"Over the last three or four years, we've developed a nice little line in 'how to' movies," explains Hunter. The challenge Airside faced on the Fiat project wasn't necessarily creating a unique look and feel, but making the final animation interesting enough so that people would watch it for 90 seconds. "With animation you get caught up in a story," Hunter adds. "Whereas the minute you use video, you might think: 'I can't relate to that person', 'I don't like the sound of their voice', or 'I don't like what they're wearing'. Animation has a more broad appeal - it makes learning a new concept easy and fun. You can completely understand what the ecoDrive system is without reading a manual or talking to a sales person."
Airside dipped its toes into these 'how to' waters around four years ago when Greenpeace challenged them to turn a 72-page document about decentralised energy into something anybody could understand - an undeniable challenge. "We just looked at it for about a month," recalls Hunter. "Then Henki came up with this really simple, beautiful way to tell the story. It turned out to be a live-action film with animation bits in-between. Ever since then we've used animation as a tool when we need to explain something new or different."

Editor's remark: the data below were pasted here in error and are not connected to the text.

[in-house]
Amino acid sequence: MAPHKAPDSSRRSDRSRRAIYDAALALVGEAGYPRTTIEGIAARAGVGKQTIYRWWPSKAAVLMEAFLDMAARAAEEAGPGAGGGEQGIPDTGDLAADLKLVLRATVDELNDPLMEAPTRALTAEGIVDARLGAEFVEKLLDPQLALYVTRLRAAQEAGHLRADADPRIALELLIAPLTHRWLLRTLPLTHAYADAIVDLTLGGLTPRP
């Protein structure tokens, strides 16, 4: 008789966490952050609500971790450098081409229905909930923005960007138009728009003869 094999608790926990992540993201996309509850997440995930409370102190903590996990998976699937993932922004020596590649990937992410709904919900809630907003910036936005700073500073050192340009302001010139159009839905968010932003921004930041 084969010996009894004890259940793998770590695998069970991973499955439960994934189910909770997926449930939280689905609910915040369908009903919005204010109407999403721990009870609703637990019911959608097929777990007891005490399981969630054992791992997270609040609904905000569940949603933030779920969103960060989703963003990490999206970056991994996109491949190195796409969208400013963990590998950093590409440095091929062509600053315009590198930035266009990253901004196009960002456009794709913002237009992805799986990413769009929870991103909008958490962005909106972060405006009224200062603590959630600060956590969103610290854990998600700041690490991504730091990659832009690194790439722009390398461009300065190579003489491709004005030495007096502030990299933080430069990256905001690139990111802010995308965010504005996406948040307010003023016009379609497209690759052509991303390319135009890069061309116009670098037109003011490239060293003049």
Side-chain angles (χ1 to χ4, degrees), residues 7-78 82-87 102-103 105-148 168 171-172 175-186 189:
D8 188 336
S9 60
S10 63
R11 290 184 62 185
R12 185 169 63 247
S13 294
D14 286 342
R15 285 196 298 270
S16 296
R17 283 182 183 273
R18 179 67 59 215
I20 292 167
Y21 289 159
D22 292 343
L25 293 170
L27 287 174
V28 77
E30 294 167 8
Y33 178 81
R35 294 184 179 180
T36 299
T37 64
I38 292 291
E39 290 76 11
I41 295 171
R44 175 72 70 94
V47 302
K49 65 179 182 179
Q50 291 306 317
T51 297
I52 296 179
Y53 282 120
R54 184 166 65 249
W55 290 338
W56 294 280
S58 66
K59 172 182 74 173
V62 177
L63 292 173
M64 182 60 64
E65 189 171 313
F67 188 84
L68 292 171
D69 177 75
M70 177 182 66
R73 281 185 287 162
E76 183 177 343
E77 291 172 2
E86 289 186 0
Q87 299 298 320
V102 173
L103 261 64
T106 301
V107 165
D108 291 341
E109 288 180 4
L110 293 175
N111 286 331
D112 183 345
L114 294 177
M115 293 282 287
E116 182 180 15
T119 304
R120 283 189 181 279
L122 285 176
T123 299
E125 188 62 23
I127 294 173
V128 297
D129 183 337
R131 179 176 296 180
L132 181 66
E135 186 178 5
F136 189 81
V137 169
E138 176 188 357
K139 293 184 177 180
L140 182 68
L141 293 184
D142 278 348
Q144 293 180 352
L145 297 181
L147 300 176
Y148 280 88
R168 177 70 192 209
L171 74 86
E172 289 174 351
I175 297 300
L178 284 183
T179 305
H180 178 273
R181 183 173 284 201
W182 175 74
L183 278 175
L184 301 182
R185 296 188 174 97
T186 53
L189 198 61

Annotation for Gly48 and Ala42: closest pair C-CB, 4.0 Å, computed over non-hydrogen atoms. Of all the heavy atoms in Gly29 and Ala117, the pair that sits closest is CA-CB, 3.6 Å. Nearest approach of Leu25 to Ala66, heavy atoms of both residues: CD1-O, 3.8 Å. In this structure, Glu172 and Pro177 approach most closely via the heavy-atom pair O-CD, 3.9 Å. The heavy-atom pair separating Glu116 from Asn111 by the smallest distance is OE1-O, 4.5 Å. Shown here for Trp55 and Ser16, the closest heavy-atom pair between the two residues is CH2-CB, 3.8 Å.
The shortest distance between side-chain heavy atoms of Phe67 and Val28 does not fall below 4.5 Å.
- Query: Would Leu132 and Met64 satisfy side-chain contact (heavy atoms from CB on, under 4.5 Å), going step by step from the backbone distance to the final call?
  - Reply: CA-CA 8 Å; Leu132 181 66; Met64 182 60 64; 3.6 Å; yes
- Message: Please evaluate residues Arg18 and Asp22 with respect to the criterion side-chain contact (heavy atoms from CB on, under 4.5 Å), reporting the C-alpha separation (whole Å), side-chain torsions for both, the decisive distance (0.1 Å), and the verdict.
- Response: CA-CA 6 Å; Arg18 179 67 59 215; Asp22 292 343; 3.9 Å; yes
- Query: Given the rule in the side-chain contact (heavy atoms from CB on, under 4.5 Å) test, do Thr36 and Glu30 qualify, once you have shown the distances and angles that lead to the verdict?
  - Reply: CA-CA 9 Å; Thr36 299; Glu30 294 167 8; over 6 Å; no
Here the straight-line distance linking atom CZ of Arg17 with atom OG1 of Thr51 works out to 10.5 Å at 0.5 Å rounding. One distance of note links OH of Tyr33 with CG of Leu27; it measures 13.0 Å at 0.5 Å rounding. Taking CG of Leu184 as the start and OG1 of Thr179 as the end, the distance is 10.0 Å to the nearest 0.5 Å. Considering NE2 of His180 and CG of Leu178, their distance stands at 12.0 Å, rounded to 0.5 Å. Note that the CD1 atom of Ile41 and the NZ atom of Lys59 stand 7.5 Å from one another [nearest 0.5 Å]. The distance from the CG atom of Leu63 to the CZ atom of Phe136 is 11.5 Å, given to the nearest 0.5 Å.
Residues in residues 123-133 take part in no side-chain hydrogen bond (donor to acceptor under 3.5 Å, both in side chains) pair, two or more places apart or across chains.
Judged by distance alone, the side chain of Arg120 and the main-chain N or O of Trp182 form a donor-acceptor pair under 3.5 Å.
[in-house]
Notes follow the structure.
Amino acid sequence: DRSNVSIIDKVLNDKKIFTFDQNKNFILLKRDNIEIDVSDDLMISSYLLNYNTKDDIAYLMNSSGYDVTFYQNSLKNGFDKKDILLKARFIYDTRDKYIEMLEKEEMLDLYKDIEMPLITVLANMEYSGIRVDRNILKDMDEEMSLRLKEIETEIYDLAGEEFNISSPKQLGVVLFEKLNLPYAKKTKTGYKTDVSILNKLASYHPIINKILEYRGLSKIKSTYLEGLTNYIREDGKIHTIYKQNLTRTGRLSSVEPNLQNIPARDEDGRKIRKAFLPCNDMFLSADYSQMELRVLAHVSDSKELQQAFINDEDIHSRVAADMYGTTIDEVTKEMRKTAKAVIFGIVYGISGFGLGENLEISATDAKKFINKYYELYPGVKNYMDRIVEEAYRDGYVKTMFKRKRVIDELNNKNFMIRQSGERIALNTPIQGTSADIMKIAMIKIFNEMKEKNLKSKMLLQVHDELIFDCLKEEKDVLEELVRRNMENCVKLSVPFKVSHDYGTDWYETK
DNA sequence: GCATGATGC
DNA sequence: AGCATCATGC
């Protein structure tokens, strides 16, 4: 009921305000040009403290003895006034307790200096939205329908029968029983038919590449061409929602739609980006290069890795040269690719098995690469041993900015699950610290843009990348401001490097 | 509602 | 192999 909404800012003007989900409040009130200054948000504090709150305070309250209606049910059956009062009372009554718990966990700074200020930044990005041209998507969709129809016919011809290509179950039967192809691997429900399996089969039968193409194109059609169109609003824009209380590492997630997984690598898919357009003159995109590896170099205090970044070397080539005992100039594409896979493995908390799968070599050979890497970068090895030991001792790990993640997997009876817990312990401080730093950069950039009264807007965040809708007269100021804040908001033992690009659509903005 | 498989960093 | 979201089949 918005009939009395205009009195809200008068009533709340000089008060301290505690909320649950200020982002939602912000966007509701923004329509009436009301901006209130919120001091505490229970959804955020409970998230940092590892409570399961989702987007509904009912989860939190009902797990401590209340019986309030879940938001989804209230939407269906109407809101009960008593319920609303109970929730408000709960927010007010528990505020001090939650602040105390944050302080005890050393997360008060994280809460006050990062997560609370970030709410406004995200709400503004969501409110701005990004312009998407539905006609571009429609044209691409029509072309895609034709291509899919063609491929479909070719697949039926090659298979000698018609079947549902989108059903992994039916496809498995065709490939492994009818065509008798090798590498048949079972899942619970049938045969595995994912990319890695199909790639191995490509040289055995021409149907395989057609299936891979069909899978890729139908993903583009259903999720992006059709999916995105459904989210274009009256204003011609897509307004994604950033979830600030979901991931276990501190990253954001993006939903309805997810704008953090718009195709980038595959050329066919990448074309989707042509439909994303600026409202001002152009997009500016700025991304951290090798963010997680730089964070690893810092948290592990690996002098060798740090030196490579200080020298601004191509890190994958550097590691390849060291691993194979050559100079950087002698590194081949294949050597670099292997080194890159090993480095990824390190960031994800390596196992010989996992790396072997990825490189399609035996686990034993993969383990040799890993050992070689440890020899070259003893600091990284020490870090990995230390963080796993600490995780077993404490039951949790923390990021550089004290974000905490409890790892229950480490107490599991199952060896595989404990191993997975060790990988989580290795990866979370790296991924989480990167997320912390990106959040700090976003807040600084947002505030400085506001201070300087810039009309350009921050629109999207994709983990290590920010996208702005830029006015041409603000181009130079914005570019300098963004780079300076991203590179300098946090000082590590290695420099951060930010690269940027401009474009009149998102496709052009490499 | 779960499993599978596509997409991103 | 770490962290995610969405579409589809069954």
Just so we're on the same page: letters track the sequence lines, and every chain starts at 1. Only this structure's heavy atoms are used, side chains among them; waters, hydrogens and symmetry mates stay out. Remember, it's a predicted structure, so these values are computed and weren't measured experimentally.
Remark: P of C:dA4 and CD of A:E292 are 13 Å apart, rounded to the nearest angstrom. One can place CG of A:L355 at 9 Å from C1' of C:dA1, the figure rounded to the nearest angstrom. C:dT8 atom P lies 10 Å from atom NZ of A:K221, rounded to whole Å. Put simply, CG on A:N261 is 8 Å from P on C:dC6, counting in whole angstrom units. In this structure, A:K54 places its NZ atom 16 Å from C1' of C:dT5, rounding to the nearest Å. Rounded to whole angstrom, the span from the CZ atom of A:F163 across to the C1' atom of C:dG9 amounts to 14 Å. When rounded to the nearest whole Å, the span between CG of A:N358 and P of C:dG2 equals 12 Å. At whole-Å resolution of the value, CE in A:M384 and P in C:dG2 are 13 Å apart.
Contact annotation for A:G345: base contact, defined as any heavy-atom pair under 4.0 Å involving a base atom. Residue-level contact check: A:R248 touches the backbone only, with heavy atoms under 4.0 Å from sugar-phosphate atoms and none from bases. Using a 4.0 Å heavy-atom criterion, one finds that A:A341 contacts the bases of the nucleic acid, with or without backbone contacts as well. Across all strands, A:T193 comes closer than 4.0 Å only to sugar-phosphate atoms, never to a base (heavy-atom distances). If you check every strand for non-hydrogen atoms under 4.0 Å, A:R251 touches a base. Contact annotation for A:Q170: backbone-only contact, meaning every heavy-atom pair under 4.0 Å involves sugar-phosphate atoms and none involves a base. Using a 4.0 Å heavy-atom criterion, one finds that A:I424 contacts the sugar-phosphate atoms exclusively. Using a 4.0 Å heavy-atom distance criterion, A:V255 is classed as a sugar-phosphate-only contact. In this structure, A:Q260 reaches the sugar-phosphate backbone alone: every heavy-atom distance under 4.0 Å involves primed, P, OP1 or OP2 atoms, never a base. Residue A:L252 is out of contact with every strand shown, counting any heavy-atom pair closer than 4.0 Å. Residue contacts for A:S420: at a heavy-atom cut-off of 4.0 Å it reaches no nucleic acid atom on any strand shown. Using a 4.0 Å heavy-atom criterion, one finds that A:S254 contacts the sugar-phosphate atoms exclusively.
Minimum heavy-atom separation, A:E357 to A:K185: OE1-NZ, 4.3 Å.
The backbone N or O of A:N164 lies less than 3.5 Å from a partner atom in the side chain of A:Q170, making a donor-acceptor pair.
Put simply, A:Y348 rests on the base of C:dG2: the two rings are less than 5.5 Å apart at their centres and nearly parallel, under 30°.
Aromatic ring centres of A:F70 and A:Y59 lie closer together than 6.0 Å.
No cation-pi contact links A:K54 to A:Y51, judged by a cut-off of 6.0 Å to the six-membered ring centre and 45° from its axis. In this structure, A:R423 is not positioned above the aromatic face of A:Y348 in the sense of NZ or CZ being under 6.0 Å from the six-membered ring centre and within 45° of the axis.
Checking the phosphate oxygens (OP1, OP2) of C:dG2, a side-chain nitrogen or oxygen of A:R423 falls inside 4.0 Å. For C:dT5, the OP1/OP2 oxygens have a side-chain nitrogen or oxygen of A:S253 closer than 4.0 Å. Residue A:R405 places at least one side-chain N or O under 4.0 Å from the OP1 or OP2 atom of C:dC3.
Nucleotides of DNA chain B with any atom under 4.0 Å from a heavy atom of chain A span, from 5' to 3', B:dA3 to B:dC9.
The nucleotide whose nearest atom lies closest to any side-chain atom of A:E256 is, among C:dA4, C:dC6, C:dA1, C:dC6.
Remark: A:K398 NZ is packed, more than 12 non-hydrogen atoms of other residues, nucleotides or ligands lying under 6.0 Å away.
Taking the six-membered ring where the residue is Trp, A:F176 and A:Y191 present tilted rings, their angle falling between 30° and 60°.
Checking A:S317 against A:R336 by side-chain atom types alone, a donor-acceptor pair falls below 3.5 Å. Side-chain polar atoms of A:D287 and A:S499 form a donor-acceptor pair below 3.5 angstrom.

Airside also leveraged its 'how to' expertise and web experience with an information film explaining Nokia's new mobile application, Nokia viNe. Designed for its N-Series mobile phones, Nokia viNe uses GPS to geo-tag any photos you take, video you record or music that you listen to. You can then upload the data to the Nokia viNe website so other people can see where you've been and what you've done. "We did this two-minute film that explains the software," says Anne Brassier, who handles PR and new business at Airside. "We worked with an agency called R/GA and their brief was clear, but quite flexible. They were really up for us inputting into it and helping with the scripting to make sure that the whole thing was clear, because it's not aimed at the people who know about these things, it's aimed at people who might be new to it."